EDEN PRAIRIE -- The moment was about Sam Bradford, who had been named the NFC's Offensive Player of the Week for his 27-of-32 passing for 346 yards and three touchdown performance against New Orleans.
But just like he did following Monday's game, Bradford bestowed credit elsewhere.
"Like I said after the game, they deserved the game ball," Bradford said of the Minnesota Vikings offensive line. "They kept me clean all night. They opened holes in the run game.
"I think there's been a lot of talk outside this building about that group and about those guys, but inside this building I know we've got nothing but confidence in them."
Bradford's right. The O-Line has been a topic for months. There were multiple questions that needed answers: Would the offseason acquisitions of left tackle Riley Reiff and right tackle Mike Remmers remedy some of the issues this unit faced last year? How will rookie center Pat Elflein handle the responsibility of making calls? Does moving Joe Berger and Nick Easton to different spots help the continuity of the group?
And the biggest question of all: How would this line, that had not played together during the preseason, protect Bradford?
Those questions were all answered -- at least for the time being.
According to Pro Football Focus, Reiff, who is back starting at left tackle for the first time since 2015 when he was with the Detroit Lions, didn't allow a single pressure on Bradford. The quarterback was only hit two times in Week 1 and sacked once.
Minnesota was creative in the looks it threw at New Orleans. Offensive Coordinator Pat Shurmur mixed personnel at different spots throughout the night, including overloading the left side of the line and giving Remmers an appearance at left tackle and Berger at right tackle.
"They do a great job of changing the launch point, pocket misdirection," Steelers coach Mike Tomlin said. "They did an awesome job of protecting [Bradford] but I also thought the coaching staff, Coach Shurmur & Co., did an awesome job of staying a step ahead of New Orleans in terms of keeping them off balance as well, and I think that aided in the protection."
In the midst of keeping tempo and trying to catch the Saints off guard, Elflein's communication was critical. Bradford said he doesn't remember the center missing a call all game and got the Vikings in and out of the huddle efficiently.
"I think mentally his ability to grasp our offense and what we're trying to do I think has been one of the things that has really stood out to me," Bradford said. "I feel like during OTAs, during training camp if he made a mistake rarely would he ever make that mistake again. He would learn from it, he would kind of put that in his memory bank and the defense wouldn't be able to fool him again."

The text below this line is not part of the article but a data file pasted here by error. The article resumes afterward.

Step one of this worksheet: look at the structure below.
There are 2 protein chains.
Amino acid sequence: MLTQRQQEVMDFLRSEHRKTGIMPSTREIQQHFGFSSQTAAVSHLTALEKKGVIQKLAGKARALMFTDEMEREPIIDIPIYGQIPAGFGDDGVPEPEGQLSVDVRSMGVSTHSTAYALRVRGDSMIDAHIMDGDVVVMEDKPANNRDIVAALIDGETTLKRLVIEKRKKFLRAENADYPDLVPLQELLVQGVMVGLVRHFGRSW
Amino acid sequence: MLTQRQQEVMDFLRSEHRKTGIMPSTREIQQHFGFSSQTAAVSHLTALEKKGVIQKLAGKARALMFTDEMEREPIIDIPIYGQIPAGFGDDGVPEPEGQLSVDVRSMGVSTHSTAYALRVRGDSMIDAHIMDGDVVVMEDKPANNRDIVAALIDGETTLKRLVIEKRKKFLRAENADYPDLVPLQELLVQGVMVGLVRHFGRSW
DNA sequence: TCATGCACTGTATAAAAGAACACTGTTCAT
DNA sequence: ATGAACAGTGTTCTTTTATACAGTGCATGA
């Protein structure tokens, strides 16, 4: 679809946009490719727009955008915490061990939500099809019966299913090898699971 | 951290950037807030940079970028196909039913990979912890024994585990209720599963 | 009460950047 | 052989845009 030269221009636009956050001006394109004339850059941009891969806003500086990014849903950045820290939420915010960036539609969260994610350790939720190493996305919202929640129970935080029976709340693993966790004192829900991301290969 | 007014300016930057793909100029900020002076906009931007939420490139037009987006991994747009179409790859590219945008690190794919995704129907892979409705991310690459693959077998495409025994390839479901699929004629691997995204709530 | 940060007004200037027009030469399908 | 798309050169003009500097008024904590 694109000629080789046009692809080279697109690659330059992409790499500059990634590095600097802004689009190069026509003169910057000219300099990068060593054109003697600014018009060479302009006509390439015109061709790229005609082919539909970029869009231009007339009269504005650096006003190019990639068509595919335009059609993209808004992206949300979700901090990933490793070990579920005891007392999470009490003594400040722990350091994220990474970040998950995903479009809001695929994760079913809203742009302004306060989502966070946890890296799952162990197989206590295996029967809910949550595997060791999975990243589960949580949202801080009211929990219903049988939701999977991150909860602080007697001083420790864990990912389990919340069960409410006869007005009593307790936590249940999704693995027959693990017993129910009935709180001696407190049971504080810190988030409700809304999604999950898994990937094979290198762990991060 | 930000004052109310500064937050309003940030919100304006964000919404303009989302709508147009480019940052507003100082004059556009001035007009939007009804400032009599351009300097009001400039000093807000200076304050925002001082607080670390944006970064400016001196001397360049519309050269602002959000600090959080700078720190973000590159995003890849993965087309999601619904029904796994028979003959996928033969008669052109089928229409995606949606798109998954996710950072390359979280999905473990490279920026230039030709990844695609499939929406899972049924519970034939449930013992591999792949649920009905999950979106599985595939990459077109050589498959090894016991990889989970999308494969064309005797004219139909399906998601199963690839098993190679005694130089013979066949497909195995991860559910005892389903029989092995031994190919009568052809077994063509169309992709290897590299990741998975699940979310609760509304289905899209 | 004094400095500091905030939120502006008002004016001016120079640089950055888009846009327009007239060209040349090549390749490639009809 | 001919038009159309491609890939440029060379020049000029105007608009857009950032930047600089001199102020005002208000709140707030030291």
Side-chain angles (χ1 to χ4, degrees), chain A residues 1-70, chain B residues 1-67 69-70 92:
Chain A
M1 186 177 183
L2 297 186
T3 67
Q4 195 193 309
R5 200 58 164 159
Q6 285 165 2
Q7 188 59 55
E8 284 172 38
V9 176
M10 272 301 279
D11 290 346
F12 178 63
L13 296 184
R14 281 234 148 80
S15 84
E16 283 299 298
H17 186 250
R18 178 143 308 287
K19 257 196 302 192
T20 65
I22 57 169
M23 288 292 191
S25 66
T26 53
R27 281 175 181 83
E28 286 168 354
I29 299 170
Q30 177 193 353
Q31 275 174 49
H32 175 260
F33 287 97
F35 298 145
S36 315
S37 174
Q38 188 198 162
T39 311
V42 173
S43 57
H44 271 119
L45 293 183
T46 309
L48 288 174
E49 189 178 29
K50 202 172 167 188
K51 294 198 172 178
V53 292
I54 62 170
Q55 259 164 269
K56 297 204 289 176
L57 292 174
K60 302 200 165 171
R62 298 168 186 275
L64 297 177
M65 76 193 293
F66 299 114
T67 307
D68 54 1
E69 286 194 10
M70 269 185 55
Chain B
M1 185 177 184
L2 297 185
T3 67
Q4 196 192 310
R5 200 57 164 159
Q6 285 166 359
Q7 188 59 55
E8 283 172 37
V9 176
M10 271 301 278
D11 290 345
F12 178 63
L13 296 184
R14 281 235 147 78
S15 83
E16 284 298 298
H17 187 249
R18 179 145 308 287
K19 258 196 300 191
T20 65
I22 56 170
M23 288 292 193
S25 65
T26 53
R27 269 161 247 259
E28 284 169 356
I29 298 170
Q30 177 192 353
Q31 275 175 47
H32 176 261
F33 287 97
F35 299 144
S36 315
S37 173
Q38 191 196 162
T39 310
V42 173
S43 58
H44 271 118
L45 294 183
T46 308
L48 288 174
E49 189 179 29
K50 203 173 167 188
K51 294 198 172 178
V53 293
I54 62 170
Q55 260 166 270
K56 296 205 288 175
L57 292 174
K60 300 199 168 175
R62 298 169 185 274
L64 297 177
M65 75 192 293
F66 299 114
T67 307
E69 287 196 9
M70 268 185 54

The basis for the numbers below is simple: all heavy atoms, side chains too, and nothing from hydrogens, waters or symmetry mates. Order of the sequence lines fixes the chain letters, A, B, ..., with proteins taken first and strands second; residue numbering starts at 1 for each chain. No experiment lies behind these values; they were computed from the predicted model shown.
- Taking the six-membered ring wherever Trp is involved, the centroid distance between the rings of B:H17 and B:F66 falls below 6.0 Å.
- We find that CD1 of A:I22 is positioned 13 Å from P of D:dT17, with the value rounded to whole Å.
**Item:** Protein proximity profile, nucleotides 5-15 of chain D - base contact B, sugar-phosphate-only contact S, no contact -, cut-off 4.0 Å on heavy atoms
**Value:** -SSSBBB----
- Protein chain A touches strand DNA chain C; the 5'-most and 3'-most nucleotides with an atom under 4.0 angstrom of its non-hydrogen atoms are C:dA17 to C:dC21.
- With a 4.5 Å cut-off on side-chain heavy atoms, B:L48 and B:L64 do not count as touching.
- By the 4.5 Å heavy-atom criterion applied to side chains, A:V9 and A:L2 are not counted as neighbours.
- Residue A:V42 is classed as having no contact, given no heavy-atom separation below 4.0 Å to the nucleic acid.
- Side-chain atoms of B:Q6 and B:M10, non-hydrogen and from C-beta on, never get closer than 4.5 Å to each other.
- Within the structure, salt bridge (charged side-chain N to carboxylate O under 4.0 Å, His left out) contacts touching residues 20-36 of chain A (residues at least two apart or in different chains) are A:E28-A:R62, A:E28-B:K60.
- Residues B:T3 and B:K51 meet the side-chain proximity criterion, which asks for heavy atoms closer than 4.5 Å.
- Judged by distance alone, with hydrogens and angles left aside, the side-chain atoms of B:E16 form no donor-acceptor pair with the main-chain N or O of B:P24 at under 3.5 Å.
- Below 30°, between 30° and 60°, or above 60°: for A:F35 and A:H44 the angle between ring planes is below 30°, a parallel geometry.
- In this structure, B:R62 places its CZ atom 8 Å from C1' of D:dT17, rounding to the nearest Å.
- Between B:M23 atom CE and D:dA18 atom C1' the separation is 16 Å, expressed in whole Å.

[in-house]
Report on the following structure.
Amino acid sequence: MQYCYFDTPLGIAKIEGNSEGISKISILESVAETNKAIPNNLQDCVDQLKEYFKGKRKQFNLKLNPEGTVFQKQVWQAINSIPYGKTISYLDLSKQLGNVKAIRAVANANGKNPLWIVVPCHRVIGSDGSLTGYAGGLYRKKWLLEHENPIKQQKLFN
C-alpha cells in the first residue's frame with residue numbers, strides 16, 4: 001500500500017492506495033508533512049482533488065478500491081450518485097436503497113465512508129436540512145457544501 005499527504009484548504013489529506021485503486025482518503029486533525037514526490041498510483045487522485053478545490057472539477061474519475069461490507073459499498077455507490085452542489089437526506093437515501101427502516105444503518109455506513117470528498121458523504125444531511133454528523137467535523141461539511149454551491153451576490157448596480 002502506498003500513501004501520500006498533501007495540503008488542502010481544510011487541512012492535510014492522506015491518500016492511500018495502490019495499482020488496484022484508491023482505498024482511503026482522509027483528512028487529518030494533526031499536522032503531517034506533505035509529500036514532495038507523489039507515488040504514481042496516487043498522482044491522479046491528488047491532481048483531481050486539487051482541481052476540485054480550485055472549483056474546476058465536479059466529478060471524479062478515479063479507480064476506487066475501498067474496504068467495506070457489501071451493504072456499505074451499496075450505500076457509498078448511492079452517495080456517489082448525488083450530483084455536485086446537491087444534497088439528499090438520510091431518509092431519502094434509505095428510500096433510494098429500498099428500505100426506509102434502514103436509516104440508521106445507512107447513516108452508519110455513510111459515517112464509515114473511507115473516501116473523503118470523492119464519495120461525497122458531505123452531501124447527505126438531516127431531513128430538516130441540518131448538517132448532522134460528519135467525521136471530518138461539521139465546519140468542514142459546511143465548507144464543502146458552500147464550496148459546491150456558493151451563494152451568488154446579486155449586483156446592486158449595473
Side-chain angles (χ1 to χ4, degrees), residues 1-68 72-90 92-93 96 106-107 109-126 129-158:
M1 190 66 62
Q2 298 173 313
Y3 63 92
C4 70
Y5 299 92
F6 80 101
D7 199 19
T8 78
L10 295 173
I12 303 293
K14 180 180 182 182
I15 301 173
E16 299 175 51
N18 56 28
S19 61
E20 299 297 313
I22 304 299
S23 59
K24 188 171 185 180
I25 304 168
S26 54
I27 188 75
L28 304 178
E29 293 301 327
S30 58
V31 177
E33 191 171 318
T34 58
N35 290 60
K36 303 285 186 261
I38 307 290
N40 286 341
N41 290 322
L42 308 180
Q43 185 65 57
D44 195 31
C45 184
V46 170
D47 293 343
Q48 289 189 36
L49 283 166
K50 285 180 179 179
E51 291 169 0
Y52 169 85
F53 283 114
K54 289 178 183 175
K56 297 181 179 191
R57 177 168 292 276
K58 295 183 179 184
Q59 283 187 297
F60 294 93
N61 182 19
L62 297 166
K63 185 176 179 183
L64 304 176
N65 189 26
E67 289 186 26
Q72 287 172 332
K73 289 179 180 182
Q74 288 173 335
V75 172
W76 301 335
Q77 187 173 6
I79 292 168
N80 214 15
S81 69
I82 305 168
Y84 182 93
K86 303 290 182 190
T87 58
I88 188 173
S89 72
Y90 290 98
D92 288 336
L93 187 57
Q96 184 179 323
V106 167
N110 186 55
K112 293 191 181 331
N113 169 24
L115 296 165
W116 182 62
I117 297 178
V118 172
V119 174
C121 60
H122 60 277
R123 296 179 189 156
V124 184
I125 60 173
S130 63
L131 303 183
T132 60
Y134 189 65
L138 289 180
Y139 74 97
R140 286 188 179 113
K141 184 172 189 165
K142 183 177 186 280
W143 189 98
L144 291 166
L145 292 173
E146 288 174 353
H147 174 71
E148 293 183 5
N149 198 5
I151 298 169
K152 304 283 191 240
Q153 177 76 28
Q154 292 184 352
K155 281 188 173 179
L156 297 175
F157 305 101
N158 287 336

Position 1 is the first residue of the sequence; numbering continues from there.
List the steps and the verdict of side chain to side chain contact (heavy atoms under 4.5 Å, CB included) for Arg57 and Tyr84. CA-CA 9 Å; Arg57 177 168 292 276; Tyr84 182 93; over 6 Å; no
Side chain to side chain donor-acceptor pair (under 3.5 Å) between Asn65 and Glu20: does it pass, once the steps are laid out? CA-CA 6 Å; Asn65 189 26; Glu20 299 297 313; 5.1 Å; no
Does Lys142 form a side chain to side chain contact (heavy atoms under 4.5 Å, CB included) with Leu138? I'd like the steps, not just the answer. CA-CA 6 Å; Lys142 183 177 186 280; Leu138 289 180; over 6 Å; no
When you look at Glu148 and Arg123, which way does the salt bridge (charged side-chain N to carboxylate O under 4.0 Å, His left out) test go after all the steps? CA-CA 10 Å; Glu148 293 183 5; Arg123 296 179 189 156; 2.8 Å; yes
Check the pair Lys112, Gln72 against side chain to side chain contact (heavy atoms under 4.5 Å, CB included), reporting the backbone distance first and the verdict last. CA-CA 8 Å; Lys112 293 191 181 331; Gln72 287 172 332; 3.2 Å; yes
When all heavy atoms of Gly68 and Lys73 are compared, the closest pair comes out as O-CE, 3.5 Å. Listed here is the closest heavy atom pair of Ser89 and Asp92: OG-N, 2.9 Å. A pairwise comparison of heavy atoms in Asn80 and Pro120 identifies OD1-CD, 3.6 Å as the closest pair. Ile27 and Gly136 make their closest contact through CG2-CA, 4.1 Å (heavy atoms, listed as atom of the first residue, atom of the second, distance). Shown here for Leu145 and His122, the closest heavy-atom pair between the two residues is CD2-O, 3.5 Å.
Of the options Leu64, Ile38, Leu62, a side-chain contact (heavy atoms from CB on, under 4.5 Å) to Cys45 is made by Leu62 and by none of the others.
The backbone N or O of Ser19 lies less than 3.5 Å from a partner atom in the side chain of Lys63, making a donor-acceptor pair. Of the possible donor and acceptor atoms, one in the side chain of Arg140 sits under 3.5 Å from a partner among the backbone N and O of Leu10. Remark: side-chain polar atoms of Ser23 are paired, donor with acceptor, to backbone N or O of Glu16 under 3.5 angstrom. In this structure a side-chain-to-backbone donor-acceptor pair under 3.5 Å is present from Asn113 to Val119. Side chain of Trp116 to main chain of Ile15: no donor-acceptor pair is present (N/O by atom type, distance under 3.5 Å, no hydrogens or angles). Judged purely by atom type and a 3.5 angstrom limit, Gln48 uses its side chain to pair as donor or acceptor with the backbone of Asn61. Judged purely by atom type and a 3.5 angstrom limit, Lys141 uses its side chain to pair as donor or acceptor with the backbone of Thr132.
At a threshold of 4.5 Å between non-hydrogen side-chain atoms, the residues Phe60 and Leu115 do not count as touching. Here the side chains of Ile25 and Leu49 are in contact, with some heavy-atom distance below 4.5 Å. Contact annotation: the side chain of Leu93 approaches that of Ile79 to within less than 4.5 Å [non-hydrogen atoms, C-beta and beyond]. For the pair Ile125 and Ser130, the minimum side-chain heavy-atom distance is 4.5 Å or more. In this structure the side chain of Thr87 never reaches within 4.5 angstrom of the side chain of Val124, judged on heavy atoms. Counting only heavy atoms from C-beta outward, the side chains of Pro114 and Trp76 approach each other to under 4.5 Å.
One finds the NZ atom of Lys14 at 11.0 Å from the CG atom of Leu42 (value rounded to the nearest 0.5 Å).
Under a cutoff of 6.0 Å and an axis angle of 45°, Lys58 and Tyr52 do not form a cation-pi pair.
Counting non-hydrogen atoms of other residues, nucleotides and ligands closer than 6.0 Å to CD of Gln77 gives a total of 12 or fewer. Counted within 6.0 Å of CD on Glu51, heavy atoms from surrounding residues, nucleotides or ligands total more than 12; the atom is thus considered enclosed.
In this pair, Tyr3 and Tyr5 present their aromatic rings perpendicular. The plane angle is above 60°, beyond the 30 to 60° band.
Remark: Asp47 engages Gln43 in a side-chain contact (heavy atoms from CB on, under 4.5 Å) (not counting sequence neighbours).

Having two former centers in Easton and Berger to his left and right respectively was a nice confidence boost for the rookie.
"Having them there and guys who have played it before and know the calls and know how the game works is a little comforting," Elflein said. "But I want to be able to be the guy to go out there and run the show. I know those guys have my back and if I ever have any questions I always go to those guys first."
Week 1 was a big step for this group. Granted, all of this was done against the Saints defense, which has been among the NFL's worst for the last few years. Minnesota faces a much different test this Sunday.
The Steelers defense sacked Browns quarterback DeShone Kizer seven times and registered eight quarterback pressures. Cleveland was only able to muster 57 yards rushing, an average of 2.3 yards per rush.
Pittsburgh won't have defensive end Stephon Tuitt, who is out with an injury to his left biceps, but has a pretty diverse group that will move around a bunch.
Tyson Alualu, who is listed second on the depth chart behind Tuitt, rotates around and will probably fill Tuitt's spot with Cam Heyward as the other end and nose tackle Javon Hargrave rounding out the interior Steelers base 3-4 defense.
Rookie T.J. Watt's speed off the edge was a problem for Cleveland in his two-sack debut. So was linebacker Anthony Chickillo, who also registered two sacks.
Bradford's pocket awareness is more elevated via experience than Kizer, so that's something to consider when looking at the stats.
Nonetheless, the challenge for the offensive line to keep him clean a second straight week is on.
"They're a different type of crew," Vikings coach Mike Zimmer said. "They're thicker, more powerful kind of guys. Obviously the scheme change is different. They have a lot of fire zones, zone blitzes, things like that. Those are all issues that we're going to have to get acclimated to in a hurry."